How Car Washes Work

By: Jeff Tyson


The nozzles of the water jet are reminiscent of a pinwheel.

­ ­The high-pressure washer is a system of rotating water jets that spray concentrated streams of water onto the car. The nozzles of each water jet are typically arranged like a pinwheel, with each nozzle angled slightly away from the center.

The force of the water shooting from the nozzles causes the water jet to spin rapidly. This means that the stream of water moves in a circular pattern as it hits the car. The strength of the stream and the circular motion combine to provide a powerful scrubbing action on the surface of the car. The force of the water is incredible, with some systems rated at 1,000 pounds per square inch (psi), enough to easily knock a person off his or her feet!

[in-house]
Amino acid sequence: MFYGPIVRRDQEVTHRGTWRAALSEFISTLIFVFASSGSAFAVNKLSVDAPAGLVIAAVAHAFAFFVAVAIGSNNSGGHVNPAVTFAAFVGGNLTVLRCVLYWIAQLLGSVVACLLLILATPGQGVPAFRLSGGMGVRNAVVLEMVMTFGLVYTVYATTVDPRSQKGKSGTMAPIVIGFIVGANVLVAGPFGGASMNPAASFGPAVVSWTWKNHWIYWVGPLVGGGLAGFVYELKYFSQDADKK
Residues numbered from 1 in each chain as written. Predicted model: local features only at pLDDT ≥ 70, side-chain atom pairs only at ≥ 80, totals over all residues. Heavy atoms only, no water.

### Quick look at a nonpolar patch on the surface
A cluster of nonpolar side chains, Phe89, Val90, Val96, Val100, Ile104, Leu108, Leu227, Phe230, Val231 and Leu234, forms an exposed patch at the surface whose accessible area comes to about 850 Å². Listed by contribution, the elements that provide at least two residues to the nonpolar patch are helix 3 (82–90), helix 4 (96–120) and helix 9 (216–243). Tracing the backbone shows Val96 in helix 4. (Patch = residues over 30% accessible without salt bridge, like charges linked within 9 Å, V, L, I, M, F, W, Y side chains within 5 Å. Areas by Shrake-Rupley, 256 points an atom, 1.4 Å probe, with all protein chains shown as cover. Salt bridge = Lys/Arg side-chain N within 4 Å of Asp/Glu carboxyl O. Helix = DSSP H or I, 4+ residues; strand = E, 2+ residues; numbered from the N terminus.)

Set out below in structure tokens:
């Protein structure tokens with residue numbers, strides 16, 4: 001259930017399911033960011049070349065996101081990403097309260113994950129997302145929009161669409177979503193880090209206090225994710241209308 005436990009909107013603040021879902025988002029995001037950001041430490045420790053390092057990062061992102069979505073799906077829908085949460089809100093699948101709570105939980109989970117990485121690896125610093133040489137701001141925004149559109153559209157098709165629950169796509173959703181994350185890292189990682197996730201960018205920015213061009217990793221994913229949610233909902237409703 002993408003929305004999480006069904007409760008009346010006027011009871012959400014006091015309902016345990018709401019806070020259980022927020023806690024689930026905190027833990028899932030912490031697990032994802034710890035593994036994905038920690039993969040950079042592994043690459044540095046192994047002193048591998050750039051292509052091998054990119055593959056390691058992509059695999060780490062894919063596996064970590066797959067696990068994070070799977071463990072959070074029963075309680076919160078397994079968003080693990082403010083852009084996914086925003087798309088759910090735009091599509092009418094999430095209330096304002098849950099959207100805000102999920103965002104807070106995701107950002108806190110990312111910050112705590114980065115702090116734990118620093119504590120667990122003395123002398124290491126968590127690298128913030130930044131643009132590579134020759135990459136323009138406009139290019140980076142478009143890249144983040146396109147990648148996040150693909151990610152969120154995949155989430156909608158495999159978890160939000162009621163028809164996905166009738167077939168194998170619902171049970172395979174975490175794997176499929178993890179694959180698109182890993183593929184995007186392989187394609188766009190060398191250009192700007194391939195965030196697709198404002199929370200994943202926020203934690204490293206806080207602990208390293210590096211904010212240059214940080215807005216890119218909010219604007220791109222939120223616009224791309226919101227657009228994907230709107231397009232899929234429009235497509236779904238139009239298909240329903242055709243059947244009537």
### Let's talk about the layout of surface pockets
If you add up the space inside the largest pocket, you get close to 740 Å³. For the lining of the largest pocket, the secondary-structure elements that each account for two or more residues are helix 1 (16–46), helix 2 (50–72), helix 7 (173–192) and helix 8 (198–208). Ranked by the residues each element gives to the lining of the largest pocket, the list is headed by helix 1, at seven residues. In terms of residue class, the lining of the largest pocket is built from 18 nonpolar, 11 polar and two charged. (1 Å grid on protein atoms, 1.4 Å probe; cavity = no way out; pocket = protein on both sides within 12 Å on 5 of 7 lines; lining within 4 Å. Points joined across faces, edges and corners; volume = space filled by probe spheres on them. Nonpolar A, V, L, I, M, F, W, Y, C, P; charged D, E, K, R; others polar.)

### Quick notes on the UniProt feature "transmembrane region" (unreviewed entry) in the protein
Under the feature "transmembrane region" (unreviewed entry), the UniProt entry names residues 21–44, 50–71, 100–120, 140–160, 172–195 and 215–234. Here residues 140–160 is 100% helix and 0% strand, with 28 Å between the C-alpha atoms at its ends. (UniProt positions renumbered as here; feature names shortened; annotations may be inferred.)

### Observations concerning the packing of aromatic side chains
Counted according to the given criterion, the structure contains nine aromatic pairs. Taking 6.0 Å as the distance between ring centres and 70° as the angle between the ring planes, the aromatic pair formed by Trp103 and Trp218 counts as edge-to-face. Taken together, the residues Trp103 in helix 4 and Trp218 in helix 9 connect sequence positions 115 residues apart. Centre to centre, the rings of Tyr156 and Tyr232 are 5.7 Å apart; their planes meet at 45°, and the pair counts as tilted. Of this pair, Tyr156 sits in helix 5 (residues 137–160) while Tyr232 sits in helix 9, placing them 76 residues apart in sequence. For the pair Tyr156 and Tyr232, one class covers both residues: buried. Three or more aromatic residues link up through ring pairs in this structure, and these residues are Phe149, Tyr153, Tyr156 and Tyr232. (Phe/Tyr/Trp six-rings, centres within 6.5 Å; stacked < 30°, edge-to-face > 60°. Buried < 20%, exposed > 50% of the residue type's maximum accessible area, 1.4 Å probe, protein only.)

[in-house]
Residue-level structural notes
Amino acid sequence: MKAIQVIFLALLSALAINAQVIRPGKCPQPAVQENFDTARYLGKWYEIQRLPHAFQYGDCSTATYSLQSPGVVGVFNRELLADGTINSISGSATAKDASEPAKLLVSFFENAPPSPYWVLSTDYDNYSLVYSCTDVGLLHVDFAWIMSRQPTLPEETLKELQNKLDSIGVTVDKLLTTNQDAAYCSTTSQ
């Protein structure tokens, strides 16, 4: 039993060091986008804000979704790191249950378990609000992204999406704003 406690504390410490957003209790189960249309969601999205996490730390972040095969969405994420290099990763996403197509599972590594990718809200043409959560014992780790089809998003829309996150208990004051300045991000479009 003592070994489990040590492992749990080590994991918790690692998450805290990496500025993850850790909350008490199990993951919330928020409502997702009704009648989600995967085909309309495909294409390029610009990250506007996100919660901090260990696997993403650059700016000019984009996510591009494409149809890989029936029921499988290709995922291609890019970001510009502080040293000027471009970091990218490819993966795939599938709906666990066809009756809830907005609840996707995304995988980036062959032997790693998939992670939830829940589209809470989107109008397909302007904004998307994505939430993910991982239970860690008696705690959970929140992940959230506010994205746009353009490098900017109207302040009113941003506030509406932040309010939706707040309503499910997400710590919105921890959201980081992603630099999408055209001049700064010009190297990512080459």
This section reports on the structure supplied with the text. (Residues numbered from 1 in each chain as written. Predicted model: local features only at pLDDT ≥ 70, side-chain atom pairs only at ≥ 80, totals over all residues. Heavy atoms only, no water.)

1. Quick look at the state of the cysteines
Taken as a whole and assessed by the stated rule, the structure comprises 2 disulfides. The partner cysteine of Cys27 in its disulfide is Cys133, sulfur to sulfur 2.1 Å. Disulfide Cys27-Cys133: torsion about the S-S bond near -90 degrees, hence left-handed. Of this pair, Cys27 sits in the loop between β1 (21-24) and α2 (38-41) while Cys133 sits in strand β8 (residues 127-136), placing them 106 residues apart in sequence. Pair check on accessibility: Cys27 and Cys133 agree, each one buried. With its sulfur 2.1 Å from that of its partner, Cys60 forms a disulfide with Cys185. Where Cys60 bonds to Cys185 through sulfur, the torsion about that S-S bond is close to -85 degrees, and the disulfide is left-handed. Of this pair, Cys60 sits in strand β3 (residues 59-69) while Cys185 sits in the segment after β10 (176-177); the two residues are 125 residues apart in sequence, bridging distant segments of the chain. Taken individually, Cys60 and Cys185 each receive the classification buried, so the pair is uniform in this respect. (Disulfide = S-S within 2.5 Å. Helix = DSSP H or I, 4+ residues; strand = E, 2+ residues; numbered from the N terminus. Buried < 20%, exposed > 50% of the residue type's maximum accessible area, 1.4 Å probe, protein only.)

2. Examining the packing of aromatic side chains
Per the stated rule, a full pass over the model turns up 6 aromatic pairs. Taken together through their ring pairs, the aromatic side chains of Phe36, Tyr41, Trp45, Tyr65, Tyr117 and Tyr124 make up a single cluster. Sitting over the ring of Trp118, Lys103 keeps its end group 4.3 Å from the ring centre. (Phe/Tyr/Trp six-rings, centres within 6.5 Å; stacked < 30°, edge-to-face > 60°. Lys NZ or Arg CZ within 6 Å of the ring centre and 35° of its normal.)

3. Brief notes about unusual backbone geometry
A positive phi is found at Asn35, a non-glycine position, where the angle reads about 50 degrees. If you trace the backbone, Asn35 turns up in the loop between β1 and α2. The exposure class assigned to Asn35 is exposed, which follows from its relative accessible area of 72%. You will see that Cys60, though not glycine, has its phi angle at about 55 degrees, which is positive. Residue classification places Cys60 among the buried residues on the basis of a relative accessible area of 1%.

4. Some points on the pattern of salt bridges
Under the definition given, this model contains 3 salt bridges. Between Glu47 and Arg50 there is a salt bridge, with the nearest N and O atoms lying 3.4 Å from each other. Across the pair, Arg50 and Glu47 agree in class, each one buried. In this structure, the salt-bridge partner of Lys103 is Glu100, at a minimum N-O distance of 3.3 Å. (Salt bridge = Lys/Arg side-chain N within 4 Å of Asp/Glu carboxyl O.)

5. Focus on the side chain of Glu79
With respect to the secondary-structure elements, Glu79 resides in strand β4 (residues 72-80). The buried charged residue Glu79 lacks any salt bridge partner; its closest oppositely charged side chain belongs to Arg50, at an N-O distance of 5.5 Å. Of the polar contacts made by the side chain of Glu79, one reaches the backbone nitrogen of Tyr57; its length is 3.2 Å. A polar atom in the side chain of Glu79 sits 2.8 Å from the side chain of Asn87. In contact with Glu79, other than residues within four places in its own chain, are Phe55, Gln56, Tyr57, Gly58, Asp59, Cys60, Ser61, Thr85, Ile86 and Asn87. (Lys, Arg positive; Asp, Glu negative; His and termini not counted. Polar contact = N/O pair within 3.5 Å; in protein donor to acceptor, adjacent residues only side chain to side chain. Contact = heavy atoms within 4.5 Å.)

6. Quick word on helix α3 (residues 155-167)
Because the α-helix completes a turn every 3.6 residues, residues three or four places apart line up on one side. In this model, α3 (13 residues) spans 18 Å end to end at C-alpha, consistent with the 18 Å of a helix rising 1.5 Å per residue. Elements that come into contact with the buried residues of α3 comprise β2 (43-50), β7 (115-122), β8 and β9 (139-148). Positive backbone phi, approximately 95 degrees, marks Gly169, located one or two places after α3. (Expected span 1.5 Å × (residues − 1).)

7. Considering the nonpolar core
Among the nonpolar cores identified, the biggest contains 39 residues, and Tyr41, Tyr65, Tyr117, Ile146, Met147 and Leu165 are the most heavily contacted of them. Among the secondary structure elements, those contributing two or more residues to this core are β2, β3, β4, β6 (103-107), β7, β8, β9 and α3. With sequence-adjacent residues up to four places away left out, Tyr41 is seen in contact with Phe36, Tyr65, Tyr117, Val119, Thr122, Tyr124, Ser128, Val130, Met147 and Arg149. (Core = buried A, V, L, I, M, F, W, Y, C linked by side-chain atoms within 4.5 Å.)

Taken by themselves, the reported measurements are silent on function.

The powerful water jets remove most of the detergent and grime from the car.

High-pressure systems use a lot of water -- perhaps 300 to 400 gallons (1,100 to 1,500 liters) per car. In order to provide so much water in a rapid manner, a car wash usually has a special pressure tank nearby that holds the water for this specific system. In most systems, almost all of the water is recaptured and recycled back to the pressure tank after each use.

The pressure tank for a high-pressure washer

A lot of car washes, particularly those in areas where winter means lots of snow, have a device called an undercarriage wash applicator. This system is located at ground level and has several nozzles pointed upward to wash dirt, mud and salt from the bottom of the car.